The fat of a calorie consumer
Is a lot like a whole body tumor:
With a grim frown endure it
Or slim down and cure it ...
But keep a well-fed sense of humor
LAPEER, Mich. - Summer is, all too often, the silly season for news in Michigan. Some years, reporters zip to the Upper Peninsula, where they discover breathlessly that the unhappy locals are planning to secede and join Wisconsin.
Elvis Presley is regularly sighted in Kalamazoo, mountain lions are seen dimly in various stands of scrub timber across the state, and last week the police dug up a back yard in Bay City in a fruitless effort to find ... Jimmy Hoffa.
But forget all that, because here's a story of far greater significance.
There is something new with Jack Kevorkian, alias Michigan inmate No. 284797. No, he isn't getting out, or being allowed to work in the hospital at the Thumb Correction Facility in Lapeer, where he currently resides.
He is writing - or actually, revising - a diet book. Yes, you read that right. Back in 1978, long before he became famous for helping more than 130 people slip these surly bonds of earth, the future apostle of assisted suicide wrote “Slimmericks and the Demi-Diet,” which he published himself (under the imprint of “Penumbra, Inc.”).
Before he moved into public housing in 1999, where he is doing 10 to 25 years for second-degree murder, Kevorkian told me he believed all diets were essentially the same; to lose weight, the dieter needs to eat less and exercise more.
Everybody knows this, he said. Nobody, however, wants to hear it. Instead, we want to find a magic formula that will allow us to eat two pieces of blueberry pie a la mode every night and still lose weight. Which is why so many new diet books keep appearing.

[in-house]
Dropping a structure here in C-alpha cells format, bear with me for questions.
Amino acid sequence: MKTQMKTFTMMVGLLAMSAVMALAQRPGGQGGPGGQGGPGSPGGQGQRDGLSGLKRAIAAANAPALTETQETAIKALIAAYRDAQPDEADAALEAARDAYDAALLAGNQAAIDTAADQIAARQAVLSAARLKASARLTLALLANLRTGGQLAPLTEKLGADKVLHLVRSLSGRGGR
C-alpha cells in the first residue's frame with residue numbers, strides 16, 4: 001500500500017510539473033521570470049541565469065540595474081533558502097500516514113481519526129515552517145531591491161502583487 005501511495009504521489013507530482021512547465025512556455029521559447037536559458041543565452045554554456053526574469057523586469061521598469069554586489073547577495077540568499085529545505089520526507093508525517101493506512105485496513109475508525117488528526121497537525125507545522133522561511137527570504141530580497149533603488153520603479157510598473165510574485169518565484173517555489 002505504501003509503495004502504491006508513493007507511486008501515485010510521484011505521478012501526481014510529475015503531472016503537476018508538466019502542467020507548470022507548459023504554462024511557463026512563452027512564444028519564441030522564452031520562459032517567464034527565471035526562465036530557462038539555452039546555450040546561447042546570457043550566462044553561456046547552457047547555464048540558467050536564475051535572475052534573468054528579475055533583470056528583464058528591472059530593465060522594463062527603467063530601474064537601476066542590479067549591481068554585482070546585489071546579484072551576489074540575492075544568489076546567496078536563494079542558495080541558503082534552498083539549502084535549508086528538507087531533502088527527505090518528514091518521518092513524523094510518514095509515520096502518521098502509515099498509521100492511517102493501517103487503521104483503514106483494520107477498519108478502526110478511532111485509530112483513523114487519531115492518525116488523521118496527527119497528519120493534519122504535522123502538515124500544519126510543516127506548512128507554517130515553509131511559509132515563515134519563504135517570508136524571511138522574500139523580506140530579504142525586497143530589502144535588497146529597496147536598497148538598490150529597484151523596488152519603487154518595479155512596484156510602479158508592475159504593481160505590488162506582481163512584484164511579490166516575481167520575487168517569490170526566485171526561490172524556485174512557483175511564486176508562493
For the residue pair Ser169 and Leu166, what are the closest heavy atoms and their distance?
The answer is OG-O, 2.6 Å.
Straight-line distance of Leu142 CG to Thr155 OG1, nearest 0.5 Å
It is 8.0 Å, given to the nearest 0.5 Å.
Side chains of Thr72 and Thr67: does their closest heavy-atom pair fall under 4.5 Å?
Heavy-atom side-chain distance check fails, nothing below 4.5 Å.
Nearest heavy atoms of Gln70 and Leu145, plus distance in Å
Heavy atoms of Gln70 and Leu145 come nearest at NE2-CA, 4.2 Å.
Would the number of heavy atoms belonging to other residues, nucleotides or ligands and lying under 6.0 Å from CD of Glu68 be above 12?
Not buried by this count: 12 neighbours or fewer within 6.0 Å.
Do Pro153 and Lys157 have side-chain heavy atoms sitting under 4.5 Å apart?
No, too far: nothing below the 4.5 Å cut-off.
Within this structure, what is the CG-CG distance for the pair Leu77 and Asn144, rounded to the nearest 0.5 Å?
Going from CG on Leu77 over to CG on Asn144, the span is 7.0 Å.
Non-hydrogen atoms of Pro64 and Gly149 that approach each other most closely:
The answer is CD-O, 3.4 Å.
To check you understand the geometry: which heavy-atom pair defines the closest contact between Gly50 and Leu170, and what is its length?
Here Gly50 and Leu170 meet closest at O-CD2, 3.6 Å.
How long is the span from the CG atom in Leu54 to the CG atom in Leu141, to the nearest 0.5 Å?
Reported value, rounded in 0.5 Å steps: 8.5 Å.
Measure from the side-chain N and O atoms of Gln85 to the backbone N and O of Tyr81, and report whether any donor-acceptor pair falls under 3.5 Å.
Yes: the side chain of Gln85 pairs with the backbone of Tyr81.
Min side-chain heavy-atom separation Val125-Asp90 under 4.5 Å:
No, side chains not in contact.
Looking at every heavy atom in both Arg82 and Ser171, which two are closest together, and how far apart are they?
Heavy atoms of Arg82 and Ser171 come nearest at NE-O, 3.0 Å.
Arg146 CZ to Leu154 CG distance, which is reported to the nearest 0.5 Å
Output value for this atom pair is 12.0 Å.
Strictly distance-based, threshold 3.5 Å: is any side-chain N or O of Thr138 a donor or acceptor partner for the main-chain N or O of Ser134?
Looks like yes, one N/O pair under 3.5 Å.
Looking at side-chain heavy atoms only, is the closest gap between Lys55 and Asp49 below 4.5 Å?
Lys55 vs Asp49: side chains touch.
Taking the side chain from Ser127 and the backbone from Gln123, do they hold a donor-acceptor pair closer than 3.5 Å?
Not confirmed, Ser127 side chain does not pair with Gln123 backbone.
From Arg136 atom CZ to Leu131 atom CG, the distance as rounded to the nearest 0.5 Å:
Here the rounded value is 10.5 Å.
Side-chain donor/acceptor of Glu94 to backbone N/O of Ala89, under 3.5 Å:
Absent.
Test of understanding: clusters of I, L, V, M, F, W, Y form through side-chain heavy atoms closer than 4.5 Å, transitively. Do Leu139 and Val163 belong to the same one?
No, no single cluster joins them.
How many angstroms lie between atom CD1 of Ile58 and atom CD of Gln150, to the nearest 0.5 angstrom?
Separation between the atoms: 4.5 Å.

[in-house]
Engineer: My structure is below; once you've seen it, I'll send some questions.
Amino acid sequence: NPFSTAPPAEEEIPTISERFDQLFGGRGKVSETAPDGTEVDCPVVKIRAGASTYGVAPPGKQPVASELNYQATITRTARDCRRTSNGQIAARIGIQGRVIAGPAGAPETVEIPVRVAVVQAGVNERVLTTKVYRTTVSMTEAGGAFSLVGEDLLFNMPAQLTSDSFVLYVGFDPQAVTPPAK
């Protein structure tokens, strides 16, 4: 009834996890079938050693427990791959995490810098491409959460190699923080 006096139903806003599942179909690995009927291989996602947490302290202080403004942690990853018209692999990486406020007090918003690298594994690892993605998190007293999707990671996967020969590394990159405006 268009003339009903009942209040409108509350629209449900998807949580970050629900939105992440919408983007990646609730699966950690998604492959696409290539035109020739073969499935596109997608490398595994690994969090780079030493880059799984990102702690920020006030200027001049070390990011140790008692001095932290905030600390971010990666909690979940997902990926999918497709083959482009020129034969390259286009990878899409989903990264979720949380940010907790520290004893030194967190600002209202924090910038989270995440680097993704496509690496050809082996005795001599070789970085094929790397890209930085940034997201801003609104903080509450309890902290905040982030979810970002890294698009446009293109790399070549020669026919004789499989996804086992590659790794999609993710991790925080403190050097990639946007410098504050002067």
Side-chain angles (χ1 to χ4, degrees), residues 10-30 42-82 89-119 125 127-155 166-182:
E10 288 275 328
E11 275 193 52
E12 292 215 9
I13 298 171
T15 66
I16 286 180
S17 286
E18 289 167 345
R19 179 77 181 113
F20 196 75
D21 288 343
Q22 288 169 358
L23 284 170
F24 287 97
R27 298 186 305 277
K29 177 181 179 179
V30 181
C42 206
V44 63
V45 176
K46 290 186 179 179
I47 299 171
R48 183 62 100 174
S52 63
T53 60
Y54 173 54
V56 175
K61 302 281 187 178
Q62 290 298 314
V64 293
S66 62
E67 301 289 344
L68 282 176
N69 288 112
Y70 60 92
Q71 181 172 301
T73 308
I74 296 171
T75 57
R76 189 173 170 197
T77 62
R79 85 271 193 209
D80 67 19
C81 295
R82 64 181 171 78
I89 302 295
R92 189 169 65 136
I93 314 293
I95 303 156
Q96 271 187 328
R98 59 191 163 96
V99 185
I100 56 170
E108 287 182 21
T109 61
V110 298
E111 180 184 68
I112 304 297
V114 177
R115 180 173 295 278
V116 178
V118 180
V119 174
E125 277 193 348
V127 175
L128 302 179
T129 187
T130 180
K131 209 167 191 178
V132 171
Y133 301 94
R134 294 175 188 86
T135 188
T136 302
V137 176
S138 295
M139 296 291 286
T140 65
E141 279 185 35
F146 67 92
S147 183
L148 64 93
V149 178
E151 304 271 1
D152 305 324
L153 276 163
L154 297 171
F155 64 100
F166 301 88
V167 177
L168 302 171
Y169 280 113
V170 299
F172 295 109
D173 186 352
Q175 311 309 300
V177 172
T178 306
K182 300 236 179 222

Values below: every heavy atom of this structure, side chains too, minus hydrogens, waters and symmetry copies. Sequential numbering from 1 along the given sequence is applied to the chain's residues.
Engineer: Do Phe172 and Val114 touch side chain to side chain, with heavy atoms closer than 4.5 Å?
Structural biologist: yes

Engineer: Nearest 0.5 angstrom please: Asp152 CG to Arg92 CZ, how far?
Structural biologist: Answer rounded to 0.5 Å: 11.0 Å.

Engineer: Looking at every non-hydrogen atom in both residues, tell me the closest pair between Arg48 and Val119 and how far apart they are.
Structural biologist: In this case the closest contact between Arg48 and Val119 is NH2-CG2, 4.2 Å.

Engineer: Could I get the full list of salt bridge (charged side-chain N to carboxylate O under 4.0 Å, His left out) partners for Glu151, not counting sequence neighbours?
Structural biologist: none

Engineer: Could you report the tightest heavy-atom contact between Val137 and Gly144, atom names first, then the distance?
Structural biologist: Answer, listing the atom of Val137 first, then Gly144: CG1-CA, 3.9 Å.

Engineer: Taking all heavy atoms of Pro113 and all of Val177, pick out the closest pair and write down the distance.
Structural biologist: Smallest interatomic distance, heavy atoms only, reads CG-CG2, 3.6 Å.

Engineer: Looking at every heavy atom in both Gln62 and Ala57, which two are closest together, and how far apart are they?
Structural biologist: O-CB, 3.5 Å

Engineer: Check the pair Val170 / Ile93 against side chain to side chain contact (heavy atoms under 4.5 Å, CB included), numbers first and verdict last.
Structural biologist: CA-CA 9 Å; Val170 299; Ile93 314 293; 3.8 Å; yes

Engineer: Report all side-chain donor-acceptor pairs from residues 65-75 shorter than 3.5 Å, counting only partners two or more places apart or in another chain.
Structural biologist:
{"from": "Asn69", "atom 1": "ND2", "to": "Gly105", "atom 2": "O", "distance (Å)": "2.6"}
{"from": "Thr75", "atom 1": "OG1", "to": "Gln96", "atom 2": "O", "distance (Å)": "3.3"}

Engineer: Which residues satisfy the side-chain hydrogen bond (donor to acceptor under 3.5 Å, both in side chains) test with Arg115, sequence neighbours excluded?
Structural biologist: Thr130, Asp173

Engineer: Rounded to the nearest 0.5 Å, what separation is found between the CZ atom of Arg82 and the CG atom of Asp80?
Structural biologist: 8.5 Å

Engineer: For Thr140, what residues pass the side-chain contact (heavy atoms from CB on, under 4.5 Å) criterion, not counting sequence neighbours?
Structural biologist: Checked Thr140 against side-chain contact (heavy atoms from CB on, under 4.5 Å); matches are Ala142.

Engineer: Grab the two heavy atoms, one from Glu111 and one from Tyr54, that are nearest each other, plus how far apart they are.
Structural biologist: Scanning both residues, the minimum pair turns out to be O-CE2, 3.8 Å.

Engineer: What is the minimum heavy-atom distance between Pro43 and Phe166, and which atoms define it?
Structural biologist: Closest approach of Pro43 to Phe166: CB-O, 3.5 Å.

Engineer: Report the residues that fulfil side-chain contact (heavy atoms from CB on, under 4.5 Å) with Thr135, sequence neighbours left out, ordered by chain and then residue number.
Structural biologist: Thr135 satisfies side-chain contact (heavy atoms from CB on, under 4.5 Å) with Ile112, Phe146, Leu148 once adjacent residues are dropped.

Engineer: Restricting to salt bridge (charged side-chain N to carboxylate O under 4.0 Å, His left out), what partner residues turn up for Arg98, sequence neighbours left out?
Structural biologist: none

Kevorkian, who has for most of his life been somewhere between scrawny and gaunt, decided he'd try to get in on the action back in the disco-hopping 1970s. His book takes a novel approach.
The good doctor suggests consumers lose weight by taking all they want, but then eating only half the food on their plate. Okay, so that isn't all that original. But Dr. Death-to-calories' style is. He spices up his narrative with limericks.
His own, that is:
An unusual paradox faced
By many of gluttonous taste
Is that throwing away
Half the food on their tray
Merely keeps it from going to waist.
Can't you imagine a reader saying, “You kill me, doc”?
Actually, Slimmericks is amusing, has a light touch, and is full of sensible and intelligent weight-loss advice. It also features a number of illustrations by the author. (Picasso has nothing to worry about.)
Occasionally, there is a little flash that indicates you aren't exactly dealing with good old Dr. Pritikin.
Discussing unsightly fat, the author casually mentions that while cutting on corpses back in the pathology lab “a few cases really surprised me when the first incision revealed an amazing amount of greasy yellow fat stored under the skin of the chest and abdomen, along the intestines, and over parts of the heart.”
Yes, well, I hate it when that happens.
His book never sold very well because, since he printed it himself, there was no major publisher marketing it and getting it onto bookstore shelves. Kevorkian, who was in a period of inventive frenzy at the time, was also working on perfecting round playing cards, a bicycle that worked on water, and disposable sun visors, and soon lost interest in promoting his diet book.
Later, when he became famous, at least one publisher expressed interest in reissuing Slimmericks. But the author felt that so much new was known about nutrition that he'd have to revise it. And since he was busy filling the obituary pages and sitting through trials, it was hard to find the time.
Now, however, Kevorkian has a fair amount of time on his hands (he won't be eligible for parole till 2007) and friends say he's revising a number of his earlier books.
Perhaps there will be some limerick along the lines of “follow my diet, and you'll never have to worry about me making a house call.”
The bad types of fatness, it's said
Yield buttocks and bellies like lead
But a form more perverse
And incredibly worse
Is the kind due to rocks in the head
Despite frequent legal setbacks, Mayer Morgenroth, Kevorkian's attorney, hasn't given up hope of getting his client out of jail. Late last year, he asked U.S. District Judge Nancy Edmonds to overturn Kevorkian's 1999 conviction because of what Mr. Morgenroth believes were numerous trial errors. As of last week, however, the judge, who is under no time pressure, had yet to rule.